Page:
After he left MGM, the parts that came Johnson's way weren't as varied, but he had his moments in The Caine Mutiny (1954), the beguiling romance drama Miracle in the Rain (1956) with Jane Wyman; and his lead performance in one of the first successful made for-TV-movies The Pied Piper of Hamelin (1957). By the '60s, Johnson returned to the stage, and played the title role in London's West End production of The Music Man. He then returned to Broadway in the drama Come on Strong. He still had a few good supporting parts, most notably as Debbie Reynolds' suitor in Norman Lear's scathing satire on marital differences Divorce American Style (1967); and television welcomed his presence on many popular shows in the '70s and '80s such as Maude, Fantasy Island, The Love Boat and of course Murder She Wrote. There was one last graceful cameo in Woody Allen's The Purple Rose of Cairo (1985), yet for the most remainder of his career, Johnson worked mainly on the dinner theater circuit before retiring from showbiz completely by the mid-90s. He is survived by a daughter, Schuyler.

by Michael T. Toole

TCM Remembers Van Johnson - Important Schedule Change on TCM In Honor To Salute VAN JOHNSON

Turner Classic Movies Pays Tribute to Van Johnson on Tuesday, December 23rd with the following festival of films. This program will replace the previously scheduled movies for that day so please take note. The new schedule for the evening of Tuesday, December 23rd will be: 8:00 PM In the Good Old Summertime 9:45 PM A Guy Named Joe 12:30 AM Thirty Seconds Over Tokyo 2:30 AM The Last Time I Saw Paris 4:30 AM Thrill of a Romance Van Johnson (1916-2008) Van Johnson, the boyish leading man whose clean cut, All-American appeal made him a top box-office draw for MGM during World War II, died on December 12 in Nyack, New York of natural causes. He was 92. He was born Charles Van Dell Johnson on August 25, 1916, in Newport, Rhode Island. By his own account, his early childhood wasn't a stable one. His mother abandoned him when he was just three and his Swedish-born father offered little consolation or nurturing while he was growing up. Not surprisingly, Johnson found solace in singing and dancing lessons, and throughout his adolescence, he longed for a life in show business. After graduating high school in 1934, he relocated to New York City and was soon performing as a chorus boy on Broadway in shows such as New Faces of 1936 and eventually as an understudy in Rodgers and Hart's musical, Too Many Girls in 1939. Johnson eventually made his way to Hollywood and landed an unbilled debut in the film version of Too Many Girls (1940). By 1941, he signed a brief contract with Warner Bros., but it only earned him a lead in a "B" programmer Murder in the Big House (1941); his contract soon expired and he was dropped by the studio. Johnson was on his way back to New York, but as luck would have it - in the truest Hollywood sense - friends Lucille Ball and Desi Arnaz introduced him to Billy Grady, a lead talent scout at MGM, which was currently Ball's new studio. Johnson was signed up and almost immediately MGM had a star on its hands. It might have been slow going at first, with Johnson playing able support in films such as Dr. Gillespie's New Assistant and The War Against Mrs. Hadley (both 1942). By 1943 the studio capitalized on his broad smile and freckles and starred him in two of the studio's biggest hits: A Guy Named Joe and The Human Comedy. Those two films transformed him into a boxoffice draw with a huge following, particularly among teenage girls. A near fatal car accident that same year only accentuated the loyalty of his fans, and his 4-F status as the result of that accident created an opportunity for him when so many other leading actors of the era (James Stewart, Clark Gable) were off to war. Johnson was quickly promoted as MGM'sleading man in war heroics and sweet romancers on the big screen: The White Cliffs of Dover, Thirty Seconds Over Tokyo (both 1944), Thrill of a Romance, the episodic Week-End at the Waldorf (both 1945), and a musical remake of Libeled Lady entitled Easy to Wed (1946). Hits though these were, it wasn't until after the war that Johnson began to receive more dramatic parts and better material such as supporting Katharine Hepburn and Spencer Tracy in the political farce State of the Union (1948). other significant roles included the well-modulated noir thriller The Scene of the Crime, the grim war spectacle Battleground (both 1949), the moving domestic drama Invitation (1952) in which he played a man who is paid to marry a woman (Dorothy McGuire) by her father. Before he left MGM, he closed his career out in fine form with the sweeping musical Brigadoon, co-starring Gene Kelly and Cyd Charisse; and the lilting soaper The Last Time I Saw Paris (both 1954) with Elizabeth Taylor. After he left MGM, the parts that came Johnson's way weren't as varied, but he had his moments in The Caine Mutiny (1954), the beguiling romance drama Miracle in the Rain (1956) with Jane Wyman; and his lead performance in one of the first successful made for-TV-movies The Pied Piper of Hamelin (1957). By the '60s, Johnson returned to the stage, and played the title role in London's West End production of The Music Man. He then returned to Broadway in the drama Come on Strong. He still had a few good supporting parts, most notably as Debbie Reynolds' suitor in Norman Lear's scathing satire on marital differences Divorce American Style (1967); and television welcomed his presence on many popular shows in the '70s and '80s such as Maude, Fantasy Island, The Love Boat and of course Murder She Wrote. There was one last graceful cameo in Woody Allen's The Purple Rose of Cairo (1985), yet for the most remainder of his career, Johnson worked mainly on the dinner theater circuit before retiring from showbiz completely by the mid-90s. He is survived by a daughter, Schuyler. by Michael T. Toole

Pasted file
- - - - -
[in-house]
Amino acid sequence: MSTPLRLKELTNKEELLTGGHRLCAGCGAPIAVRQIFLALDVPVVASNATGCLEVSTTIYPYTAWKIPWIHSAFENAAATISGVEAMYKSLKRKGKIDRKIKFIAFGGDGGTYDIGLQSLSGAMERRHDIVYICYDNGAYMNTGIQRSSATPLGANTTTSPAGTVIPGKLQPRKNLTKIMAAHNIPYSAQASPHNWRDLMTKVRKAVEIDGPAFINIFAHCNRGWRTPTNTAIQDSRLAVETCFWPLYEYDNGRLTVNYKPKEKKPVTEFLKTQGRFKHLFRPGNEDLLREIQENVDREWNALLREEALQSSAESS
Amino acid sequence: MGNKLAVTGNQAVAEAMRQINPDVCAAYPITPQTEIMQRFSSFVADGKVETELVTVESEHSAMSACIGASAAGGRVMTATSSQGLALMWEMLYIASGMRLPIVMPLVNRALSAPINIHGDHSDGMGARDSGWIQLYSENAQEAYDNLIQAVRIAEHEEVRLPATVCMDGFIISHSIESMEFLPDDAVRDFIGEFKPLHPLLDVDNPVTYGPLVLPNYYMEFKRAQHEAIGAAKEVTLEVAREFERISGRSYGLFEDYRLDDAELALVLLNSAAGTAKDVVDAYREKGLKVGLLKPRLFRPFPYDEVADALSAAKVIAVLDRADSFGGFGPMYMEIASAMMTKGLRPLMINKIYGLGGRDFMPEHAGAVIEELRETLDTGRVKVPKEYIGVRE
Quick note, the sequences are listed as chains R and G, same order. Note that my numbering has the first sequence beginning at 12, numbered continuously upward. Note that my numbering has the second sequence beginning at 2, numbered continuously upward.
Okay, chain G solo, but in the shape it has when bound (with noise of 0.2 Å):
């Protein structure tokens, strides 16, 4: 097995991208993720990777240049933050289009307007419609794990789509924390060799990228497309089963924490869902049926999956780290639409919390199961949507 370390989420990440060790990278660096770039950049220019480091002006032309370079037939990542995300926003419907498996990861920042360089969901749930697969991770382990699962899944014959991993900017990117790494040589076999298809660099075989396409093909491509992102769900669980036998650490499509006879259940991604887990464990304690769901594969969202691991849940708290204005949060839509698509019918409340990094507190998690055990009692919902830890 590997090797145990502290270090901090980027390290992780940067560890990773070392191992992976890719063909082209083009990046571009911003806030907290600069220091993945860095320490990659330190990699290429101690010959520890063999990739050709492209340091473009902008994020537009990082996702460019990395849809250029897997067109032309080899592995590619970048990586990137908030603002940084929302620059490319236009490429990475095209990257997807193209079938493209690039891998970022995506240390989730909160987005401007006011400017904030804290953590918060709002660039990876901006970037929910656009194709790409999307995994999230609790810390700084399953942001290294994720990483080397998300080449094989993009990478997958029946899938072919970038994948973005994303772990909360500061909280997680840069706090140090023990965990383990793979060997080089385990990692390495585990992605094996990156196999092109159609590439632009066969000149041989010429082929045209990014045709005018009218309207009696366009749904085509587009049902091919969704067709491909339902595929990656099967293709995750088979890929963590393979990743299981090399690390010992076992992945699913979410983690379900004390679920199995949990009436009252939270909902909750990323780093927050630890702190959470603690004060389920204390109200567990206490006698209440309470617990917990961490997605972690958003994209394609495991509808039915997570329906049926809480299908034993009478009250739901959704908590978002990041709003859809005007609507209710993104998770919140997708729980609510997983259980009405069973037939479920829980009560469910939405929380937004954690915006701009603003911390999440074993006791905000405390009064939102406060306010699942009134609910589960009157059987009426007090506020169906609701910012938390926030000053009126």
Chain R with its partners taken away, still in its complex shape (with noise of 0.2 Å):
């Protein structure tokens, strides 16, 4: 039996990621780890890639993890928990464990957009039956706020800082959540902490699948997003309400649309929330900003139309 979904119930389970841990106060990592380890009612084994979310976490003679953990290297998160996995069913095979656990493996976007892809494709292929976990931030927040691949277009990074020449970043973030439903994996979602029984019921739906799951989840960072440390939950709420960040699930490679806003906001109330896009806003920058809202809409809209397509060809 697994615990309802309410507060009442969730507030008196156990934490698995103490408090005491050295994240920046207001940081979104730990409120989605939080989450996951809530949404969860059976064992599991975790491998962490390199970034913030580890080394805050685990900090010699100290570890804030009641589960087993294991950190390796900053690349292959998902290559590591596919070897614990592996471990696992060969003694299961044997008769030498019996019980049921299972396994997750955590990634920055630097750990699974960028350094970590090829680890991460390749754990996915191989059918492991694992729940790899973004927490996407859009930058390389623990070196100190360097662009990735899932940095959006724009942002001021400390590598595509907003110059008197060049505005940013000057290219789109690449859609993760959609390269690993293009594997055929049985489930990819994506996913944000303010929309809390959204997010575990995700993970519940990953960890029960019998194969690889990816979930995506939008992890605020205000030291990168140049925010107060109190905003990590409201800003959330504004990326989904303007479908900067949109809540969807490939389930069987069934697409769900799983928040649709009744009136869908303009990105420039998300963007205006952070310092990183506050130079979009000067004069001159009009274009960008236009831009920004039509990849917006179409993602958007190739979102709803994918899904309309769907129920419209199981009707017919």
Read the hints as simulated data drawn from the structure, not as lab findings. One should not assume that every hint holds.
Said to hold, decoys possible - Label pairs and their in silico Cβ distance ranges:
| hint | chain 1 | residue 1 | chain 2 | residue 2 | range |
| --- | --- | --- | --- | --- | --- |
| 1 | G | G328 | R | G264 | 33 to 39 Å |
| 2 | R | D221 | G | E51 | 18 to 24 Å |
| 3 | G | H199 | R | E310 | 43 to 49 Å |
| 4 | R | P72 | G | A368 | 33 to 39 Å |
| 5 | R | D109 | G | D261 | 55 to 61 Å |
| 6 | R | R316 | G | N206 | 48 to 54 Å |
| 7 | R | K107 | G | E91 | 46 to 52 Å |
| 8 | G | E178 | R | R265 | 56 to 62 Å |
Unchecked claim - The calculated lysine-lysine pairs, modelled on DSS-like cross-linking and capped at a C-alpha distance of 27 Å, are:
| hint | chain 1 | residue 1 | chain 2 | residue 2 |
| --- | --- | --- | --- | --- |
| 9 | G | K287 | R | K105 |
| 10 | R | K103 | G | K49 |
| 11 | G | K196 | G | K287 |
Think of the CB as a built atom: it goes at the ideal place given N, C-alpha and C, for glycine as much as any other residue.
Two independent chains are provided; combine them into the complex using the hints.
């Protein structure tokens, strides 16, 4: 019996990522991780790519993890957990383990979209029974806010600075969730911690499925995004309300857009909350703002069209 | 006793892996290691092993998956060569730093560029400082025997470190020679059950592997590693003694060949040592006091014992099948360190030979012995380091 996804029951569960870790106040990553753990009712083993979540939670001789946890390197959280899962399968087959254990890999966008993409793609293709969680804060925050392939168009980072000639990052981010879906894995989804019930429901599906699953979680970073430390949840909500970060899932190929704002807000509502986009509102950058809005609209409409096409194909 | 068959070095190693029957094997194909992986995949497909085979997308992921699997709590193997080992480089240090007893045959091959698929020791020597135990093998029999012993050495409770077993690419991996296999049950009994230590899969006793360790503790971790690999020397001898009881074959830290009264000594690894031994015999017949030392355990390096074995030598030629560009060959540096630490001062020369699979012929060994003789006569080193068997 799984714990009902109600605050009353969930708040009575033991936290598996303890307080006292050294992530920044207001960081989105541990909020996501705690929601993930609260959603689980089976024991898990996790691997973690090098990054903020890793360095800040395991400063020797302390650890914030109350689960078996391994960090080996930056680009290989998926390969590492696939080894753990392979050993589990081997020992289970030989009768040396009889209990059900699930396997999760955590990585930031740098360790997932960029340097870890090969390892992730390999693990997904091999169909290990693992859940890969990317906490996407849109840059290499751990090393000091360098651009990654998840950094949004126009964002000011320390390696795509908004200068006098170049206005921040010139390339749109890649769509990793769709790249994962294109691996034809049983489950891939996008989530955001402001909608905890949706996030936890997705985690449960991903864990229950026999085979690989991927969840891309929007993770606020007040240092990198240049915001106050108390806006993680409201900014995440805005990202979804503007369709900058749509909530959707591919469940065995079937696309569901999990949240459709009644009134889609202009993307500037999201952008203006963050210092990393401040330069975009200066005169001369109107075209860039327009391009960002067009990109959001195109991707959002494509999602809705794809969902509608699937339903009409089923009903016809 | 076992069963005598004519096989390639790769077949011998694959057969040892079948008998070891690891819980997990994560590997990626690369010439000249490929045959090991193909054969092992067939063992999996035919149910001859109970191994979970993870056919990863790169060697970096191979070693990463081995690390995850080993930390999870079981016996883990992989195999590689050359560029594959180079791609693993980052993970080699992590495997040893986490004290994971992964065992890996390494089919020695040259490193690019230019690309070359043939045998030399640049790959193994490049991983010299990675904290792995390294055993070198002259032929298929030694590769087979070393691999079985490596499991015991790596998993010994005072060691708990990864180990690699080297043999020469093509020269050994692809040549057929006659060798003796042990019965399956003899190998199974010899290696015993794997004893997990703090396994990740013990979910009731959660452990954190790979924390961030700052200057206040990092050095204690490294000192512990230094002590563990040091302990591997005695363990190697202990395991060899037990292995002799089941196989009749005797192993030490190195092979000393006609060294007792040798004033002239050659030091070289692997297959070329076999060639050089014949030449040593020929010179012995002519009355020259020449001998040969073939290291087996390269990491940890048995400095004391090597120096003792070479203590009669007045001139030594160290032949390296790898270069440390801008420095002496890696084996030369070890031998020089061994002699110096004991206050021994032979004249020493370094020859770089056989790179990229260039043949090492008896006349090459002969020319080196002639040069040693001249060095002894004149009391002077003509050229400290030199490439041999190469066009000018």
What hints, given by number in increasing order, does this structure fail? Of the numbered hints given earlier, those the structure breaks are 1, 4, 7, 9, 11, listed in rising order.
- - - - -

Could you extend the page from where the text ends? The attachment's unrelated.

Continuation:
Quotes

Trivia

Notes

Working titles for this film were Libeled Lady and Early to Wed. A November 1944 Hollywood Reporter news item noted that actor Frank Morgan was cast, but he did not appear in the final film. Pre-production news items in Hollywood Reporter indicate that art director Merrill Pye and unit manager Jay Marchant completed the filming of backgrounds in Mexico City in late November 1944. According to a January 1946 Hollywood Reporter news item, M-G-M decided not to include the song "I'm Gonna Fall in Love with You," which had been set for Van Johnson, due to concerns about audience reaction to Johnson's singing voice. Although the news item also reported that M-G-M had shelved plans to use the slogan "Van Johnson Sings" in its exploitation campaign, the picture does feature Johnson singing a duet with Esther Williams. According to an unidentified, but contemporary item in the file on the film in the AMPAS Library, Williams was to sing "Can't I Do Anything But Swim," a parody of "Everything Happens to Me," which was written by Harriet Lee, as well as "Guabina chinquinquirerna." Easy to Wed was a remake of the 1936 M-G-M picture Libeled Lady, directed by Jack Conway and starring Jean Harlow, William Powell, Myrna Loy and Spencer Tracy (see AFI Catalog of Feature Films, 1931-40; F3.2474). Johnson and Williams recreated their roles for a Lux Radio Theatre version of the story, which was broadcast on February 27, 1950.